How much does it cost to raise angora rabbits?

How much does it cost to raise Angoras

Compost:  Rabbit manure is packed full of nitrogen, phosphorus, potassium, and many minerals, lots of micro-nutrients, plus many other beneficial trace elements such as calcium, magnesium, boron, zinc, manganese, sulfur, copper, and cobalt just to name a few.   Rabbit manure is considered a “cold” manure, unlike chicken manure which is a “hot” manure (hot manure has to compost for 6-8 months before you use it).  Cold manure has no risk of burning even your tender seedlings.  You could literally take the manure right from the hutch and dump it in your garden beds.  

There are companies selling rabbit manure online charging $25 with shipping for a 1 pound box of poop!  I don’t sell my rabbit manure, but I do use it to make my veggie garden a super star and sprinkle it around my flowers for gorgeous blooms.  Not so much a monetary benefit, but it does save me from having to buy compost and increases the yields in my vegetable garden.  It’s more of an indirect monetary benefit.

How much does it cost to raise Angora rabbits?

Conclusion:

Don’t expect to get rich selling raw rabbit fur unless you have many, many rabbits and can buy all your feed, supplies, etc wholesale.  Get an Angora because they are cute and cuddly, entertaining and lovable. If you are a crafter, enjoy knitting or spinning, definitely get an Angora – it will cut back on your craft supply costs and you will know exactly where the fiber comes from and that it was collected humanely.  If you sell your crafts, being able to advertise that you raise the wool with a cute picture of your bunny can be a great selling point. If you end up turning the raw wool into a usable end product you can expect to make back the cost of the rabbit upkeep plus some.  There are not huge profits to be had from keeping a couple Angoras, but they do pay for the majority of their care and when was the last time your dog did that?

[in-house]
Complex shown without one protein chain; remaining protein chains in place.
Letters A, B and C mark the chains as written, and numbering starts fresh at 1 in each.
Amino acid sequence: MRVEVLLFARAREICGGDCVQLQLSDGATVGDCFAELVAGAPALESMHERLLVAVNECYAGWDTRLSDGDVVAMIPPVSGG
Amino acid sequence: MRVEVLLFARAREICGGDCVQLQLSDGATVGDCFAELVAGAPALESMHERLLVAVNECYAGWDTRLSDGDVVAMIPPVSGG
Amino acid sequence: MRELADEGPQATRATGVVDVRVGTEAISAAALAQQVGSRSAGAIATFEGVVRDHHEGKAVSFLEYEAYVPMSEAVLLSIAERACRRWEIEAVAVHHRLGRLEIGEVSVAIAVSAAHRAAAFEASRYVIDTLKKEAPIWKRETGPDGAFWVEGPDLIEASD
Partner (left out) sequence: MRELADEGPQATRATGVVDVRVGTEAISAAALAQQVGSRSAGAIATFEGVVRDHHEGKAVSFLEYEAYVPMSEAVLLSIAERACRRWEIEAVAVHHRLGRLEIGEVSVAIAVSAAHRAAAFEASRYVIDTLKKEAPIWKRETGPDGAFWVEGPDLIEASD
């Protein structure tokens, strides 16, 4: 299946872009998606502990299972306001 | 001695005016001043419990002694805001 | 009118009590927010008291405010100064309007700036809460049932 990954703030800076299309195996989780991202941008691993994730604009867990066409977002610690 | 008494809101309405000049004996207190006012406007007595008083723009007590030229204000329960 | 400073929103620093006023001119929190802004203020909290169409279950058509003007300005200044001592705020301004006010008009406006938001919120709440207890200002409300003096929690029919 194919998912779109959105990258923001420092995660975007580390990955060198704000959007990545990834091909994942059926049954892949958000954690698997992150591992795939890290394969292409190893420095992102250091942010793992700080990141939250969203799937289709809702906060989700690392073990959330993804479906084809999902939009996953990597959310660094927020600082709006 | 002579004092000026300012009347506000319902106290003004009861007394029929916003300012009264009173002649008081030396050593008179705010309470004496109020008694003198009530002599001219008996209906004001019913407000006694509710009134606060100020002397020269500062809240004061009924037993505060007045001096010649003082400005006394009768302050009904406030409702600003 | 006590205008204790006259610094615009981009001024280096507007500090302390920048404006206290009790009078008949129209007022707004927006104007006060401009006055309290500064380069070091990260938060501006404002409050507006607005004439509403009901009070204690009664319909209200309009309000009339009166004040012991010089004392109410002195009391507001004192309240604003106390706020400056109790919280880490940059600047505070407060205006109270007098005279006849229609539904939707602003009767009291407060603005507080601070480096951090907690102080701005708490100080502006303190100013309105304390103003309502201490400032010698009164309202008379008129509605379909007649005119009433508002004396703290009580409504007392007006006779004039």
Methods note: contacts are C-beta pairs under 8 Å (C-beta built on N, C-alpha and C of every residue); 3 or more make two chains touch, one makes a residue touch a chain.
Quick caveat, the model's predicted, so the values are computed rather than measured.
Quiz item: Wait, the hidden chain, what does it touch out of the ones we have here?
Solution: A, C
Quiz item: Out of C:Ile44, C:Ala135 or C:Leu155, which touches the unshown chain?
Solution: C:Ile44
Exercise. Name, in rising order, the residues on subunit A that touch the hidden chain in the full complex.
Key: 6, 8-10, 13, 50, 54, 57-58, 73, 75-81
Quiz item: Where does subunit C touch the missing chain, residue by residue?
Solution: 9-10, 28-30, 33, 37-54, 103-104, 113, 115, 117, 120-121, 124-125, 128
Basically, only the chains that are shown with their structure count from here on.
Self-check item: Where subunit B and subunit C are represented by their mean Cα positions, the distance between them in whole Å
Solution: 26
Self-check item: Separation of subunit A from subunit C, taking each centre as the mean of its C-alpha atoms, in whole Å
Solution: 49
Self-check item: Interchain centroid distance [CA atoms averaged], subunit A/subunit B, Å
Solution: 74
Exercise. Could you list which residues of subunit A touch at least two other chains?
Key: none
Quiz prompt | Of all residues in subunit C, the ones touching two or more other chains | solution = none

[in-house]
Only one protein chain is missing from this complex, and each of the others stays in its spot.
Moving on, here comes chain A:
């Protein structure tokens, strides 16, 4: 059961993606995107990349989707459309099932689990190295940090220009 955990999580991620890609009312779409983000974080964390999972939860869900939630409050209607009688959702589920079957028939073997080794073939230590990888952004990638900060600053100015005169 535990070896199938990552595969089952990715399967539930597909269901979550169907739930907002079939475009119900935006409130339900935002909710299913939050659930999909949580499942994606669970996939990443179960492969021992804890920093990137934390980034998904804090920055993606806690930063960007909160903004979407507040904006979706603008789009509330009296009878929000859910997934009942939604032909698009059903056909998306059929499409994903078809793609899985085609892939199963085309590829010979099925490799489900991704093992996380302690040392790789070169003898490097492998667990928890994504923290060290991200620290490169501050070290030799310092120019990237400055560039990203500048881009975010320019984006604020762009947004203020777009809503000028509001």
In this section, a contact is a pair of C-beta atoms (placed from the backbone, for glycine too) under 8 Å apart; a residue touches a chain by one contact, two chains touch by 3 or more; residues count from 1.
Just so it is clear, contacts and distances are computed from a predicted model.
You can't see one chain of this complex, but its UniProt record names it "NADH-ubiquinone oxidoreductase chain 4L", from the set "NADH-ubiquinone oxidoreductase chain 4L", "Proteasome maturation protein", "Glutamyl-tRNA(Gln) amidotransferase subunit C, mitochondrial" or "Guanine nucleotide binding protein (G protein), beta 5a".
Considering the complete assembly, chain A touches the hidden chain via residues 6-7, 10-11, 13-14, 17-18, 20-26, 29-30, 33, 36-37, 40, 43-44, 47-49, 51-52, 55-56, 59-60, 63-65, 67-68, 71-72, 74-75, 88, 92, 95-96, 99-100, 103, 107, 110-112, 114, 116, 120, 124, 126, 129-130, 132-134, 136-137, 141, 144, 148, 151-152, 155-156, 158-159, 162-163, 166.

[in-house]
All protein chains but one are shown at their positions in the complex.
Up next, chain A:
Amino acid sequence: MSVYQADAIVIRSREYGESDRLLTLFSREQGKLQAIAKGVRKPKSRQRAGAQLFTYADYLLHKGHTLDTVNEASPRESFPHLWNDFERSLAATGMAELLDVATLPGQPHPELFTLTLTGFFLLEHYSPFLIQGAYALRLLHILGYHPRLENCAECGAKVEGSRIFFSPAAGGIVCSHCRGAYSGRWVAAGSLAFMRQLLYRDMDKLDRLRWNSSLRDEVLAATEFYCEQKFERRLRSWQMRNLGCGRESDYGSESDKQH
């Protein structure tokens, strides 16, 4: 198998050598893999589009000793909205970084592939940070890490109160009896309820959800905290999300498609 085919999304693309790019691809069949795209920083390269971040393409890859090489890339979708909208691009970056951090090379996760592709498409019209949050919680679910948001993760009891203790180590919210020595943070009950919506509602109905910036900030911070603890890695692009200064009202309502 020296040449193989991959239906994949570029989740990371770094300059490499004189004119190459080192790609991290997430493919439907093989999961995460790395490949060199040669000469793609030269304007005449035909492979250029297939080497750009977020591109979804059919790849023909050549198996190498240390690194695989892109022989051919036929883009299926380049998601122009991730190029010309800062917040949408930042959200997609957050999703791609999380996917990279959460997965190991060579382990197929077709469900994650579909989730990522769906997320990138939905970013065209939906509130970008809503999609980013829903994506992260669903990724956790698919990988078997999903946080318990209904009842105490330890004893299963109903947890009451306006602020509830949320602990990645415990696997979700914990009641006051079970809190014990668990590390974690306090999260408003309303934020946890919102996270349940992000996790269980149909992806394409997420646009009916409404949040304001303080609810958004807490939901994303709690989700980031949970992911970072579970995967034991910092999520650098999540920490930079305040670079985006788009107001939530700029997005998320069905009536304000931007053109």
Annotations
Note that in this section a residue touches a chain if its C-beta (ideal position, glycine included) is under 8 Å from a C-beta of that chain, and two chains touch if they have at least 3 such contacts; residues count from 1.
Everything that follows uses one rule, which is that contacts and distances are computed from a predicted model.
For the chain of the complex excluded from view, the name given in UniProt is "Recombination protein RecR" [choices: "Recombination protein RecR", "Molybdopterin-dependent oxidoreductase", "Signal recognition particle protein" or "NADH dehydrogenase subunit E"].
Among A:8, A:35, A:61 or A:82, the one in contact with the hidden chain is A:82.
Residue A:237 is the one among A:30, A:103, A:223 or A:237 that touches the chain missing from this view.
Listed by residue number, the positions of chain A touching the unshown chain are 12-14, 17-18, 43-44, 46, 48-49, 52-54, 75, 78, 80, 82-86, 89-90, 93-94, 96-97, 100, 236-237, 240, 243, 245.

23 comments

  1. Amanda T says:

    So is the paper litter compostable? I’m still reading and learning, and hoping to get my bunnies in the spring. Can you just dump the litter box in its entirety in the compost bin? Thank you so much for all the great information!

    • Liz says:

      Yes the paper litter is compostable and will help balance your compost so it isn’t all “green” sources. I just dump the entire box right in the compost bin 🙂

    • Liz says:

      Hi Zaman, I am not sure the best way for you to find an english angora in Pakistan. I would start by googling english angora breeders in your area or asking at your local animal shelter. You can get wonderful fiber from any of the angora breeds though if you can’t find an english one 🙂

  2. Gina says:

    Thank you for this great information. We just bought an English Angora bunny and we are waiting for her to be old enough to bring home. We would love to use her fur for crafting.

    • Donna Jeter says:

      Check Facebook and WeMe for rabbitrys that have available bunnies. I’m in Tennessee so I know some people and Virginia now that have angoras, mini Rex’s, mini lops, lion heads, Holland lops ect.

      Bush Mountain rabbitry in Virginia has a blue tort buck angora 9 weeks for sale on Facebook page.

  3. Kaiser says:

    Hi Liz,
    I’m interested in starting Angora Rabbit farm in Sweden. Could you please Share your contact details? To my email id.
    Thanks.
    Kaiser.

  4. Leslie says:

    We had ourselves a rabbit ranch in the past. I now have just one English Angora as an indoor pet with side benefits.interesting and helpful info on your website, but the Image of the felted rabbits you made doesn’t show up on the webpage.

  5. Hammad Sadiq says:

    Dear Liz:
    Thanks for nice discussions. I just want to know that top fashioned brands approximately 220 brands producing angora rabbit fiber products has banned their products after intense pressure from animal activist NGO namely PETA in 2013-2014. Now where is the suitable market for angora rabbit fiber. I almost near to manage 500 kg of angora fiber, Now where should I sell it. Please respond.

    • Liz says:

      You are right, many major labels won’t work with angora due to abuse in the system. But I am hopeful that will turn around in the coming years as humane farmers show that angora harvesting doesn’t need to cause pain to the animals. I don’t have any contacts for anything as large scale as what you are producing, I am sorry. I would suggest you contact your local agricultural council, they should have some suggestions and contacts for fiber buyers

    • Liz says:

      Hi David – yes for ideal health rabbits should have lots of space to run and jump. Keeping rabbits in a cage long term all the time isn’t good for their mental or physical health. Iceberg lettuce should be fed sparingly because it doesn’t really have any nutrients and can cause diarrhea. Dark lettuce like romaine is fine for rabbits, but for a well rounded diet, you should offer them varied veggies and greens daily